“The sea-shore is a sort of neutral ground, a most advantageous point from which to contemplate this world.”
This observation, taken from Henry David Thoreau’s collection of essays about Cape Cod, rings as true today as it did when he visited the area in the mid-19th century. Thoreau also predicted Cape Cod would develop into a resort destination, which it certainly has.
Fortunately, a portion of Thoreau’s Cape has been preserved from commercial development. In 1961, President John F. Kennedy signed a bill creating the Cape Cod National Seashore, protecting some 40 miles of gorgeous coastline stretching from Eastham to Provincetown on what is known as the Outer Cape. The seashore rewards visitors with many wonderful and memorable experiences. Here are seven of them:
1. Visit Historical Sites
To get an understanding of the region’s history, start with a trip to the Salt Pond Visitor Center in Eastham. The center is rich with pottery and stone tools, reminders of the ancient Native American communities that lived here 3,000 to 5,000 years ago. Artifacts such as glassware and pieces of smoking pipes from the Wellfleet Tavern Site (circa 1640) tell the story of the area’s early days as a fishing and whaling center.
More history awaits you at the Highland House Museum in Truro, which salutes the region’s nascent tourism industry. Built in 1907, the Highland House served as a modest hotel — one of many that were constructed to accommodate the growing number of city dwellers from Boston and New York descending upon the Outer Cape at the end of the 1800s.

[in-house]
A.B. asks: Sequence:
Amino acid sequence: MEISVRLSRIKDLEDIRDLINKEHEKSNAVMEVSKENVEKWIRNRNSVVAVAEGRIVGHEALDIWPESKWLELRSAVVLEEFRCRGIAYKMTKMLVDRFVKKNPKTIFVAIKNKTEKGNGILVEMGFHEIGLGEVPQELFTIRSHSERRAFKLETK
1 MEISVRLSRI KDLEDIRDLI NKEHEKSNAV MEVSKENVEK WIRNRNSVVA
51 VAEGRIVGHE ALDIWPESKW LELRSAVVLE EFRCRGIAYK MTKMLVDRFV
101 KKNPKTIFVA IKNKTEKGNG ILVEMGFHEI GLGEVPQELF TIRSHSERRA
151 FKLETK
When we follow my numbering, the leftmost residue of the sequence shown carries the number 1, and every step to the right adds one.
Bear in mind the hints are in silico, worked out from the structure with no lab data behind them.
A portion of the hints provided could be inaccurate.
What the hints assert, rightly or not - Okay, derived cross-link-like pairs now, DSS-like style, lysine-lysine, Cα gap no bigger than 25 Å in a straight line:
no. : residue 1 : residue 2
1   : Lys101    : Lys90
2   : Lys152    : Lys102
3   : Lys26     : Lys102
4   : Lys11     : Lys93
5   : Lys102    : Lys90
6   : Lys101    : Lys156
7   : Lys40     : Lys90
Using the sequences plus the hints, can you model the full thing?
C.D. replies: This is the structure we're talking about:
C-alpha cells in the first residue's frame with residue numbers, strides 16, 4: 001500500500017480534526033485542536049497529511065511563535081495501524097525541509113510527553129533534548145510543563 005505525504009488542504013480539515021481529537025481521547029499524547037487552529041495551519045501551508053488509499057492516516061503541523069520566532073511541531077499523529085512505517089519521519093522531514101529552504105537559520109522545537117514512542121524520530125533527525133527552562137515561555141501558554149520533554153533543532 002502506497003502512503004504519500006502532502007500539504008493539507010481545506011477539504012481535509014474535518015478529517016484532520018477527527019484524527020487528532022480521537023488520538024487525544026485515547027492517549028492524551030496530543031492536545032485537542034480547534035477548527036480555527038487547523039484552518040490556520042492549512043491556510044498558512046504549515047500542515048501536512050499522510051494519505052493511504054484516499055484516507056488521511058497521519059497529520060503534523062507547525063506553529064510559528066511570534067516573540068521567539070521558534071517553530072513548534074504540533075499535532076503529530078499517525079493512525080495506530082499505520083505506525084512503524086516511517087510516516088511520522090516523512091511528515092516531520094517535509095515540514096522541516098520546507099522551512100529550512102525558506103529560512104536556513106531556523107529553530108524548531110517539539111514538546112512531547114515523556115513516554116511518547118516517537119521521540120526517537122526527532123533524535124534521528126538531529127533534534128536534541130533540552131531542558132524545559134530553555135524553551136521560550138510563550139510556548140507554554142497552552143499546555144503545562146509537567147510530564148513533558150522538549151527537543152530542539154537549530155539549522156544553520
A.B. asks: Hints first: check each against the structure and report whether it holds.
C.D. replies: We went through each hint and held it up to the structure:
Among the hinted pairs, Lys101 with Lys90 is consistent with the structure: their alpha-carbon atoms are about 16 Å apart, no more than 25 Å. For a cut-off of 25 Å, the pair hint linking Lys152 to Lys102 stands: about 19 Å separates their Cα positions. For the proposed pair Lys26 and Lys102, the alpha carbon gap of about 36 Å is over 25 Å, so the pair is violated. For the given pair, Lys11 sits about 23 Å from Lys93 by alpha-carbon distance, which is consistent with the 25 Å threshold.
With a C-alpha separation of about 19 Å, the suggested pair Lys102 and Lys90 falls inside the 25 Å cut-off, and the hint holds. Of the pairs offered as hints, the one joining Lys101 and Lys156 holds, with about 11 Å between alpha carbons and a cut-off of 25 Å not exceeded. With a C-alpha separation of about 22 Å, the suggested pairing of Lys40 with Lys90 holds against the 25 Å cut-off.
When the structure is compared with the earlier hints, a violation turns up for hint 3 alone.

Today, it functions as a museum, featuring many exhibits and collectibles from Truro’s early days. You should definitely visit the second floor, where guest rooms have been restored to how they may have looked a century ago. On the first floor, make sure to wander the Shipwreck Room. Model ships and artifacts from actual shipwrecks remind you just how treacherous the waters off the coast can be.
2. Light The Way
Since the 1600s, powerful storms and shifting sand bars off the Outer Cape have proved a disastrous combination for sea vessels of all kinds; according to the park service, more than 1,000 shipwrecks lay buried off the seashore. To help seafarers mark their way, lighthouses were built along the Cape’s coastline in the 19th century.
Highland Light, located in North Truro, stands as the tallest — and oldest — lighthouse on the Cape. Built in 1857, it is still in use today. Highland Light is typically open for tours but will be closed for renovations during 2020; the nearby lightkeeper’s house, though, will be open.
Poised on a bluff in Eastham for much of the late 1800s, the so-called Three Sisters Lighthouses were unusual in that they were a trio of lighthouses rather than the more common singular tower. After decades of service, they had to be relocated inland because of erosion. Eventually, they fell into disrepair and were retired. They have since been restored and can be toured at their new home off Cable Road.